Using Put Options To Protect A Portfolio Of Tech Stocks

Options can be used to generate extra income like in this poor man’s covered call example. But they can also be used to protect a stock holding from a large drop in price. With the Nasdaq in a precarious spot, it might be time to look at buying some protection on stocks that we don’t necessarily want to sell.


A put option is a financial contract that gives the holder the right, but not the obligation, to sell a certain underlying asset at a certain price on or before expiration.

For this right, the buyer of the put option pays a premium to the option seller. Think of it like buying insurance against your house burning down.

You as the homeowner pay the insurance premium. And the options seller is like the insurance company.

Owning a put option gives the owner the right to sell their stock at a certain price, no matter how low it goes. The downside is protected while the investor still gets to benefit in the upside.

Let’s assume we own a portfolio of technology stocks that we don’t want to sell, but are concerned about the short-term prospects. Particularly with the election just around the corner.

Instead of liquidating our portfolio, we could buy put options on the Invesco QQQ Trust (QQQ) to help cushion the effects of any downturn.

QQQ ETF Can Hedge Against Downturn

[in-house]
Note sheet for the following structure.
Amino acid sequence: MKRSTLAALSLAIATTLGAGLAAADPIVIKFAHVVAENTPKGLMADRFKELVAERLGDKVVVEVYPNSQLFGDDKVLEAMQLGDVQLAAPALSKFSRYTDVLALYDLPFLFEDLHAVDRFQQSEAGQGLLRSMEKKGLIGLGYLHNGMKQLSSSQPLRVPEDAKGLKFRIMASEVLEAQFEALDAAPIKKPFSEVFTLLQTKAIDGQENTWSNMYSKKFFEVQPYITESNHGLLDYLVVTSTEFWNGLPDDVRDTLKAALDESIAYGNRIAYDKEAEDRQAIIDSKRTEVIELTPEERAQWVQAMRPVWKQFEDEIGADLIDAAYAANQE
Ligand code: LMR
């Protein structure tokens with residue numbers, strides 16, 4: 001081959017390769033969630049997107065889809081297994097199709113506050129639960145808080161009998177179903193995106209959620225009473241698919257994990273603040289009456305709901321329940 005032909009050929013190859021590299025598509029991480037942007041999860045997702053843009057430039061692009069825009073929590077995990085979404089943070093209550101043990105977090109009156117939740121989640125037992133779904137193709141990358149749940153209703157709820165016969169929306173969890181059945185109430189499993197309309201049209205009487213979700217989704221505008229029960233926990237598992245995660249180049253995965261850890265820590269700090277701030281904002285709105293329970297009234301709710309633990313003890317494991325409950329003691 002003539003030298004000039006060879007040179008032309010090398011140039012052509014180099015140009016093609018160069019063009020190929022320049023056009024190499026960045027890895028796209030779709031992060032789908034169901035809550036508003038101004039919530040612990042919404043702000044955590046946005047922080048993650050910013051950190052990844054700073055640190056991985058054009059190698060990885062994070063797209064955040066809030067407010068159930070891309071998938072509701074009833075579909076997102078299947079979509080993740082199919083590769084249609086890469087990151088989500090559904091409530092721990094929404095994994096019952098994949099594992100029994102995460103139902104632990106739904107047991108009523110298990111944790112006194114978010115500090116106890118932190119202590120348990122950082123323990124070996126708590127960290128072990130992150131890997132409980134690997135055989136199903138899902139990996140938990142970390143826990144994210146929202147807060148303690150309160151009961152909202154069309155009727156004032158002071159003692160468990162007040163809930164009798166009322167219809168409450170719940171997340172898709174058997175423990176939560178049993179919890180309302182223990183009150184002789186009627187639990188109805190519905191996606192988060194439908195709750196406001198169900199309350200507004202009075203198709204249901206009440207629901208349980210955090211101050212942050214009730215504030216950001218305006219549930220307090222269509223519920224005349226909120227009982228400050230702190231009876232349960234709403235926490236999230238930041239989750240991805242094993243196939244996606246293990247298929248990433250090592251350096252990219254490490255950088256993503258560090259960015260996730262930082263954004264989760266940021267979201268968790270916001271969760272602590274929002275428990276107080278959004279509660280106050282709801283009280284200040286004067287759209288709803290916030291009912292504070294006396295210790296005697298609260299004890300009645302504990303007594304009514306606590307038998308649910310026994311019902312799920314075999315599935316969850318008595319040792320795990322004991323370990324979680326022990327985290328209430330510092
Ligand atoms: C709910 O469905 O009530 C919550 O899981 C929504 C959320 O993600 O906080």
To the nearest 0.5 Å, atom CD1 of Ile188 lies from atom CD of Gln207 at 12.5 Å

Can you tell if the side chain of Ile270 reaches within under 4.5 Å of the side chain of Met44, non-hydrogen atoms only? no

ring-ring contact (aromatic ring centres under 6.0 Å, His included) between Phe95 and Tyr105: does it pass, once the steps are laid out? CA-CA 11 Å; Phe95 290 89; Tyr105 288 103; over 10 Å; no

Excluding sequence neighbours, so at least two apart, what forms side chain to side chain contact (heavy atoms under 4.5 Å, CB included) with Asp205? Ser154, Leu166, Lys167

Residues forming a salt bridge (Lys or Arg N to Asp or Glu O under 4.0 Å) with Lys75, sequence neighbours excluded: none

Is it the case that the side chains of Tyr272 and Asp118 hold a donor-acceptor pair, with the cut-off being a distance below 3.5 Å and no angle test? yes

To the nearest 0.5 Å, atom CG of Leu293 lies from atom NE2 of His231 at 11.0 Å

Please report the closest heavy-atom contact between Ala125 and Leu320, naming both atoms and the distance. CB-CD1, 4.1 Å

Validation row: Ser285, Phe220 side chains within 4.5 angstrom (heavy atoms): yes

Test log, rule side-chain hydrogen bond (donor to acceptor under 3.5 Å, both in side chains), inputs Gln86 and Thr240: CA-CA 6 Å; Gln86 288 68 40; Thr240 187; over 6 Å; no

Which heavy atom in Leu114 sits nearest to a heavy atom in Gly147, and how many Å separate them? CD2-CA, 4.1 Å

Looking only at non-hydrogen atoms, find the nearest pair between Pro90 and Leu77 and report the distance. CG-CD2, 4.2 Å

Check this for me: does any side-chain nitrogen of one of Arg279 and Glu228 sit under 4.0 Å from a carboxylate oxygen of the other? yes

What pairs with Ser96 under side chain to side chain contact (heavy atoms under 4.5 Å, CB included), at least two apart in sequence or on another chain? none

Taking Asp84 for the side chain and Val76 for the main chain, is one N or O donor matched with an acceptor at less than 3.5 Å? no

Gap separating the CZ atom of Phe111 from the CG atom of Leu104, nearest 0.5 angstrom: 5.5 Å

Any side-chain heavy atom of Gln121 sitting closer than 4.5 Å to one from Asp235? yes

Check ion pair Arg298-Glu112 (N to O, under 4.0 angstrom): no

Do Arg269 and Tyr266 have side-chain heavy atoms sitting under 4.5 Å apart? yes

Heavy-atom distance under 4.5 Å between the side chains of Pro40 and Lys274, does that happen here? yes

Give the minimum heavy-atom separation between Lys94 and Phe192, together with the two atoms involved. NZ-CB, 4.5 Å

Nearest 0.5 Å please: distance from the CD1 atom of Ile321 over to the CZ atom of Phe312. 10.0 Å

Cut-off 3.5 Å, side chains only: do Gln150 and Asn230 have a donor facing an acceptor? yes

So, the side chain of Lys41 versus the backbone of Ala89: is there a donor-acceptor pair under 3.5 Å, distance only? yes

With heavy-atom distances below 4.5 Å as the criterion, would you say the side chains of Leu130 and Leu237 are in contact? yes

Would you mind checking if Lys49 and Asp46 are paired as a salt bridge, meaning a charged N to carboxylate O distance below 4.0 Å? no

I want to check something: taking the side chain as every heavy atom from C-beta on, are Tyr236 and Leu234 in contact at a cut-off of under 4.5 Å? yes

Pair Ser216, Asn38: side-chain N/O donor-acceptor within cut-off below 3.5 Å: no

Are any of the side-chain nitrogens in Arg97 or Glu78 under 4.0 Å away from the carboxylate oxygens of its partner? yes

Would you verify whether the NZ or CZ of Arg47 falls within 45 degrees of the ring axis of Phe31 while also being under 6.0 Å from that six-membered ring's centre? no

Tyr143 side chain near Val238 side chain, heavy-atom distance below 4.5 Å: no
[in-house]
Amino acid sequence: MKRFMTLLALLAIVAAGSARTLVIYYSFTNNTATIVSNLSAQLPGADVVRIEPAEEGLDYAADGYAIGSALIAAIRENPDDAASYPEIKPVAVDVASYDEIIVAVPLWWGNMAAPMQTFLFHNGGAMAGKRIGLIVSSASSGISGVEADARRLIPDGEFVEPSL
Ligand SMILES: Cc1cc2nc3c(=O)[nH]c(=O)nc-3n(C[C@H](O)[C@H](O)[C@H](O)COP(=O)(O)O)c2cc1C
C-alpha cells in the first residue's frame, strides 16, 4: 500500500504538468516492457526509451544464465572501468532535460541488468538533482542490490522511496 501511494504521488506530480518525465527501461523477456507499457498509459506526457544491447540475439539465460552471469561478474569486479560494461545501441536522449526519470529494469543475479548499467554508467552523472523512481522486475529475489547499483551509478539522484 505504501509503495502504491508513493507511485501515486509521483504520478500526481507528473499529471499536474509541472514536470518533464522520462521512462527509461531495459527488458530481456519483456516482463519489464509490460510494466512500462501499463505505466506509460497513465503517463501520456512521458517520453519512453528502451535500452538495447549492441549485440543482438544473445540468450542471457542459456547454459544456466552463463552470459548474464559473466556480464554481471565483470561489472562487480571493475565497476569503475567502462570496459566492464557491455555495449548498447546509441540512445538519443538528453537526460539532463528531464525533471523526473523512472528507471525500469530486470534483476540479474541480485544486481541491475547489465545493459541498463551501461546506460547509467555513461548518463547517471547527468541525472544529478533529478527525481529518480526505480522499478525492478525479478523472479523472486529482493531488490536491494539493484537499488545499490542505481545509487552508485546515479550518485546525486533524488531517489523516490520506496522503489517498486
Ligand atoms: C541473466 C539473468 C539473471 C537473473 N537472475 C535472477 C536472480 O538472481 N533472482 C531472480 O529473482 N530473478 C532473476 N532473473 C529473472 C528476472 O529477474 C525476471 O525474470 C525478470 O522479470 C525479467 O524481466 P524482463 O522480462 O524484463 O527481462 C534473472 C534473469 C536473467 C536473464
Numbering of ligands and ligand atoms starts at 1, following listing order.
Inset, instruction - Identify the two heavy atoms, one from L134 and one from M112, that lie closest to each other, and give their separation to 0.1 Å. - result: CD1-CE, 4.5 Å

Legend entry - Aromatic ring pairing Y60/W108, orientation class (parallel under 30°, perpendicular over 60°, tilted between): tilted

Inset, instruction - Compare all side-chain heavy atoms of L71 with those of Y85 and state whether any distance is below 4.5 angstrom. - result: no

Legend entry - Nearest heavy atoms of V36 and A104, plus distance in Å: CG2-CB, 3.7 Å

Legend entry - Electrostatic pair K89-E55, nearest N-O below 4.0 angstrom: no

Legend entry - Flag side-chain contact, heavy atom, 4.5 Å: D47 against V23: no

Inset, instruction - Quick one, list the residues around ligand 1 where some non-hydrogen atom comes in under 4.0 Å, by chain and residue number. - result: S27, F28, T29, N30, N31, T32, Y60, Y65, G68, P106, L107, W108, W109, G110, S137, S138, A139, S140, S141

On Monday, with the QQQ ETF trading around 285 and forming a base, a Nov. 20-expiring put with a strike price of 285 could be purchased for $11.80 a share. That would be $1,180 in total for a block of 100 shares.

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The break-even price for the put option would be 273.20 and can be calculated by taking the strike price (285) and subtracting the premium paid ($11.80).

Buying some protection like this can be expensive, but it can also help us sleep a little better at night if we are concerned about a large drop in stocks over the next month.

This November 285 put option has a notional delta of -14,000. That simply means that it will roughly hedge the price risk of a $14,000 portfolio of tech stocks.

Hedge May Not Work At All

However, it’s never perfect. You could find yourself in a position where the tech stocks you own drop but QQQ ETF rallies, in which case the hedge would not work at all.

Put options can help protect against large price declines and are an important risk management tool for investors.

It’s important to remember that options are risky and investors can lose 100% of their investment.

This article is for education purposes only and not a trade recommendation. Remember to always do your own due diligence and consult your financial advisor before making any investment decisions

Gavin McMaster has a Masters in Applied Finance and Investment. He specializes in income trading using options, is very conservative in his style and believes patience in waiting for the best setups is the key to successful trading. Follow him on Twitter at @OptiontradinIQ


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